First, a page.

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Showing posts from 2006

The God Particle – Leon M. Lederman & Dick Teresi ****

  I have something of an embarrassing confession to make. When I titled my book on quantum entanglement  The God Effect , not only had I not read Leon Lederman and Dick Teresi’s book, I had never even heard of it. I had, however, seen the hypothetical particle the Higgs boson referred to as ‘the god particle’ in the press, and it was this term that inspired my title. The hook that  The God Particle  hangs on is this yet-to-be-confirmed particle that may be responsible for the mass of the other, more familiar particles, and it does give some information about it at the end, but this book is much, much more. Actually almost too much more. It is densely packed with information – you come out of the end feeling like you’ve been on an undergraduate course without the equations, though to be fair, it’s a very good undergraduate course, one of those where you think you are really lucky because the lecturer is witty and fun to listen to, even when you don’t quite follow what he’s talking a

The Cosmic Verses – James Muirden ****

To be honest, the thought of a science book entirely in rhyme filled me with dread – it seemed like a cross breed between William McGonagall and John Gribbin, a terrifying thought. In practice the reality is much better.  The Cosmic Verses  is a charming read in which James Muirden manages to pack a surprisingly broad view of the history of our ideas on the universe into verse form. The style is a loose rhyming structure, though occasionally he has a little section in a different form, such as limerick. There are also short side notes where a point needs a little more explanation – where these are more than a couple of words, they too rhyme. The book is largely chronological, only having major hiccups by ignoring the timing of the Judeo-Christian inputs to ideas on creation and slotting them in to later interpretations, and in a decidedly unbalanced portrayal of religious impact on science that conveniently forgets, for example, who was responsible for the final destruction of the l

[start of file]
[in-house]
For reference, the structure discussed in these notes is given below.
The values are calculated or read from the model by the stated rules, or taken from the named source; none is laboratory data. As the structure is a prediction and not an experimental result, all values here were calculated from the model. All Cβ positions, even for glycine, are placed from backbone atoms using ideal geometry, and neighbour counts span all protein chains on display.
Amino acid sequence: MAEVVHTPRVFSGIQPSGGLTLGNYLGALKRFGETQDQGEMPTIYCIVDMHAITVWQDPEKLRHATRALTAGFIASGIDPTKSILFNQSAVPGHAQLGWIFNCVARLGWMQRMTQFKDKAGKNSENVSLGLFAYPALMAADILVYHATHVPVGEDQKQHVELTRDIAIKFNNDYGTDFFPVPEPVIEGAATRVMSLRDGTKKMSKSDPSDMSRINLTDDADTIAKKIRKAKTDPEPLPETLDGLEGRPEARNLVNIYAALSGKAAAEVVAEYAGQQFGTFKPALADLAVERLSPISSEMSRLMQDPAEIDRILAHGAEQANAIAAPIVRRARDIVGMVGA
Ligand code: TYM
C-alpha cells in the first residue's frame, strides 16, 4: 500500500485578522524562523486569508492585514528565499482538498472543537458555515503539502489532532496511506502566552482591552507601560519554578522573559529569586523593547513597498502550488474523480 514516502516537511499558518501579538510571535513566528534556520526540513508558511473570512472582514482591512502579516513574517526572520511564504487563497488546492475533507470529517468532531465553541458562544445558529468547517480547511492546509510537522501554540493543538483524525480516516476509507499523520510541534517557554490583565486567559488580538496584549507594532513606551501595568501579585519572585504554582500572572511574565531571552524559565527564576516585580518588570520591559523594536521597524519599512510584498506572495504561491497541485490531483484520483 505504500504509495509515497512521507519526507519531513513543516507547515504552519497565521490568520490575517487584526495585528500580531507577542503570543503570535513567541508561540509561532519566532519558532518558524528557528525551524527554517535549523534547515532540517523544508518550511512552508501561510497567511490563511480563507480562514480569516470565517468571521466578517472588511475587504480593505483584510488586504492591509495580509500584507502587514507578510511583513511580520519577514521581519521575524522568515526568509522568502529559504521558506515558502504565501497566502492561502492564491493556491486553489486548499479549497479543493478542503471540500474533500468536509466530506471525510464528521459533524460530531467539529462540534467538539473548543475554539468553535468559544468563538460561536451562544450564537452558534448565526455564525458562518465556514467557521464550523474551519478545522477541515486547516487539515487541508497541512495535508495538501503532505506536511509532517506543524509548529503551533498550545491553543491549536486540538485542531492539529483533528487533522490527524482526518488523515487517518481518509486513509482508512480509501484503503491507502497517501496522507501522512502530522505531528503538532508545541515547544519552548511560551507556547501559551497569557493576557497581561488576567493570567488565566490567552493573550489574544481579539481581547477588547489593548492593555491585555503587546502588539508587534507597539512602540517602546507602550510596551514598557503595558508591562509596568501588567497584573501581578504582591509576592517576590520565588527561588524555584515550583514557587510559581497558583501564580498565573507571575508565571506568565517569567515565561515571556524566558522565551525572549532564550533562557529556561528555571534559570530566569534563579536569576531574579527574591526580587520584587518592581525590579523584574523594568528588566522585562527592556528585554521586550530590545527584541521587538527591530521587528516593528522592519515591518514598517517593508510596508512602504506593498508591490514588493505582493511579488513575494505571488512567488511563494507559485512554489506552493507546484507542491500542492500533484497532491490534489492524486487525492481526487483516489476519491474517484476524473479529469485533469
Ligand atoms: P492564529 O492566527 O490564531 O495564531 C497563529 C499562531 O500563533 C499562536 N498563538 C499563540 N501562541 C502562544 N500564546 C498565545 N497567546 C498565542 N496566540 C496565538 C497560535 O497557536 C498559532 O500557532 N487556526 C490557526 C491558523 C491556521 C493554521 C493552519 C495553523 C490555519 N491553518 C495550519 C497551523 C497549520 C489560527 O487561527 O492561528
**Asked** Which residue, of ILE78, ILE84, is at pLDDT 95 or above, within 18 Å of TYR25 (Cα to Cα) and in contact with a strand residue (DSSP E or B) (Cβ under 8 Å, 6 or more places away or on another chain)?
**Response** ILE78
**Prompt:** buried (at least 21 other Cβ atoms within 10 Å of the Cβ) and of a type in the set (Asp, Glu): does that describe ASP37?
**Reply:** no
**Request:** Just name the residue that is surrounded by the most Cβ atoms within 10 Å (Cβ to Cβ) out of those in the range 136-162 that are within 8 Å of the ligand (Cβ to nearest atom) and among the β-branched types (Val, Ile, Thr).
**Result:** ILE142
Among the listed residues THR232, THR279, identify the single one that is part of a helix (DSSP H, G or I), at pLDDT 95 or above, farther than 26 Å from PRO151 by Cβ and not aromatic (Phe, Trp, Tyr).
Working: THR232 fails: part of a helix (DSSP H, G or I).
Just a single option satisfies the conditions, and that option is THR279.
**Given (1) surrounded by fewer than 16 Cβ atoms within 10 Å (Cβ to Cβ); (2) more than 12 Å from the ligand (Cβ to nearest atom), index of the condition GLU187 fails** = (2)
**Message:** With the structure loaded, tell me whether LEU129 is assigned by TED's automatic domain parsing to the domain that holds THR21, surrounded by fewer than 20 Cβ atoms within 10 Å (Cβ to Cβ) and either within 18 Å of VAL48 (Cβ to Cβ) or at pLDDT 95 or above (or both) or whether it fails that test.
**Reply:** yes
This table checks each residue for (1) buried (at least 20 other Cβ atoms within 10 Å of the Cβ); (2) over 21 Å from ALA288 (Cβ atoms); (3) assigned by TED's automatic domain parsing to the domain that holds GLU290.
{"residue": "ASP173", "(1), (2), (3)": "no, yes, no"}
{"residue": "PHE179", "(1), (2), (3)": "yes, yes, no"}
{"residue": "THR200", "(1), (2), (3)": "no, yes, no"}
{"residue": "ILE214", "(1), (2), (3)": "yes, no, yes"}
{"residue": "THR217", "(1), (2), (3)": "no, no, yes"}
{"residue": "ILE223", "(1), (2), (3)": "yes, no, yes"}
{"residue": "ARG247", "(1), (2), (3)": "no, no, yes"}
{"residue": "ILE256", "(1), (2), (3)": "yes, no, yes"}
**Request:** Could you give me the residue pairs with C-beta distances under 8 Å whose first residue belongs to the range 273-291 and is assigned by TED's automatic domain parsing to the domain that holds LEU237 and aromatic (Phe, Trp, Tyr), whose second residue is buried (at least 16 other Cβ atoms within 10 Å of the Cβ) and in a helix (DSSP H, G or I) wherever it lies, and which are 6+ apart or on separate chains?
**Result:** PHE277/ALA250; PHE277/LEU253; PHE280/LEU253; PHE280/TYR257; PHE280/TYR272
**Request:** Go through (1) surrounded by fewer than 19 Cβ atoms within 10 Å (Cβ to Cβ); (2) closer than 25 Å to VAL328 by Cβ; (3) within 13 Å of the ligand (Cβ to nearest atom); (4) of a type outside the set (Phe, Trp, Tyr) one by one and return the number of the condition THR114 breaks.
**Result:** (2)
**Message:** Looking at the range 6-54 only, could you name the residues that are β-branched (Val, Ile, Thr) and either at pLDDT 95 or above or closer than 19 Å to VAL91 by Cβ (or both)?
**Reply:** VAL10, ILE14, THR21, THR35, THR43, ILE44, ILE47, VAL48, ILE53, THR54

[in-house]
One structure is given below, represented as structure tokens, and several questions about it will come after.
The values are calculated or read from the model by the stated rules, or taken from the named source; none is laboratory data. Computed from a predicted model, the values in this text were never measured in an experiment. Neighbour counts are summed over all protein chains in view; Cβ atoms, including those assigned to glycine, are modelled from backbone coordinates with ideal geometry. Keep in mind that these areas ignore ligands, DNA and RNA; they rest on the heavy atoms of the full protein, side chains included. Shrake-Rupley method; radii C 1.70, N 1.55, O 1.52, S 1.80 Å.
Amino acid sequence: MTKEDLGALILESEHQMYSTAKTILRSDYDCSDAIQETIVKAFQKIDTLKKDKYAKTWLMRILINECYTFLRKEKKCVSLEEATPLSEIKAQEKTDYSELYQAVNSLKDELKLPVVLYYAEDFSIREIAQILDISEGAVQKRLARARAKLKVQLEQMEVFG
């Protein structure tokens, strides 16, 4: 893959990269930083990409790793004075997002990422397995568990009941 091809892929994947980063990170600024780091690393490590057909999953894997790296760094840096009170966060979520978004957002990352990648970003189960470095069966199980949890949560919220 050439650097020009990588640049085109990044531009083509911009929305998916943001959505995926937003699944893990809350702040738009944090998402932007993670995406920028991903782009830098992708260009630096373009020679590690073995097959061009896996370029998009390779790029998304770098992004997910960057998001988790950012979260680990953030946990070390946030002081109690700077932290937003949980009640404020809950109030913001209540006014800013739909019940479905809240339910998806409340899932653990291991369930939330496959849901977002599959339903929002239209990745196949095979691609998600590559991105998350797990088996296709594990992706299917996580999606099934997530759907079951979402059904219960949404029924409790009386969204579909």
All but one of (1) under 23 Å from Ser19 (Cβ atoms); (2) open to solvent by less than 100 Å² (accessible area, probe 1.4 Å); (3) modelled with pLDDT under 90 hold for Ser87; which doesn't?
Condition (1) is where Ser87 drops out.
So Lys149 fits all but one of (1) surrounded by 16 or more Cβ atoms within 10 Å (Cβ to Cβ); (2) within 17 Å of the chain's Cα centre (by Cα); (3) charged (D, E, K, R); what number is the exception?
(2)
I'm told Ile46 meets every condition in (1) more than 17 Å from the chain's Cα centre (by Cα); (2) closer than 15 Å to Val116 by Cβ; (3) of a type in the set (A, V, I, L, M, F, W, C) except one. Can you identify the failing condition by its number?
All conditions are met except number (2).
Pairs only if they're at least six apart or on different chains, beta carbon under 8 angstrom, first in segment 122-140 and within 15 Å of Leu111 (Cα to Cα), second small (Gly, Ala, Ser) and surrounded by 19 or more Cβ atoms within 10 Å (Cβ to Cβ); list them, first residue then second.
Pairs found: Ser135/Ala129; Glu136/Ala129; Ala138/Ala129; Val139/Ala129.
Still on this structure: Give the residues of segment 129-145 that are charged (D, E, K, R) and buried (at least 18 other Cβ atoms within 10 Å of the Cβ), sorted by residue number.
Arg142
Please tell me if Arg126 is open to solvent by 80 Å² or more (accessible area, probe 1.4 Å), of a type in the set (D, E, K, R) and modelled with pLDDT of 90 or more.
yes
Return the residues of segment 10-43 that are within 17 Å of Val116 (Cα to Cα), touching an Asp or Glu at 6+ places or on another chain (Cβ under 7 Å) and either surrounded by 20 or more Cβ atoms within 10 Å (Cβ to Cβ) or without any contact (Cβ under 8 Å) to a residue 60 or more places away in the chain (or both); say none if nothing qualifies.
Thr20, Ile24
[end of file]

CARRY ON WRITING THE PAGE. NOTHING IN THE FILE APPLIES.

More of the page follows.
Coincidences, Chaos and all that Math Jazz – Edward B. Burger & Michael Starbird ****

It’s not often someone manages to write a book on the topic of maths and makes it light, easy going and fun – yet Edward Burger and Michael Starbird have done just that. In a relatively slim volume, the authors manage to cover a whole host of topics, without ever becoming terrifying. It’s not just the probability and chaos theory suggested by the title – though of course they make an appearance – but much more. Often, without resorting to formulae, there are simple, clear examples – for example, when dealing with chaos there is a demonstration of how easily number sequences can deviate that uses Excel as the generator of the chaotic sequence. Again, series are illustrated using a wonderful physical example involving stacking playing cards that seems absolutely impossible if seen through the eyes of common sense – as often is the case with good popular maths, common sense, which is hopeless at maths, takes a battering. There’s a good section on topology too, a subject that is rarel

The Egypt Code – Robert Bauval *****

When this book dropped onto the doormat, my first inclination was to dump it in the bin labelled “new age garbage.” But I am very glad I didn’t. Robert Bauval came to fame over 10 years ago with the theory that the great pyramids represent the three stars of Orion’s belt, and that shafts in the pyramids align with historical star positions – that the function of these incredible structures was very much as part of a star and sun oriented religion rather than simply as fancy tombs. Now he takes his ideas much further. One quick consideration – should this book even be on a popular science website? In a word, yes. Although archaeology studies historical subjects, it is itself a science – doubly so here, where both archaeology and astronomy come into play. I have to confess to a weakness for books of this kind. I have had on my shelves since my late teens two books of absolute rubbish which are nonetheless delightful because they have the same sort of appeal. They are  The Old Straig

The View from the Centre of the Universe – Nancy Ellen Abrams & Joel R. Primack ****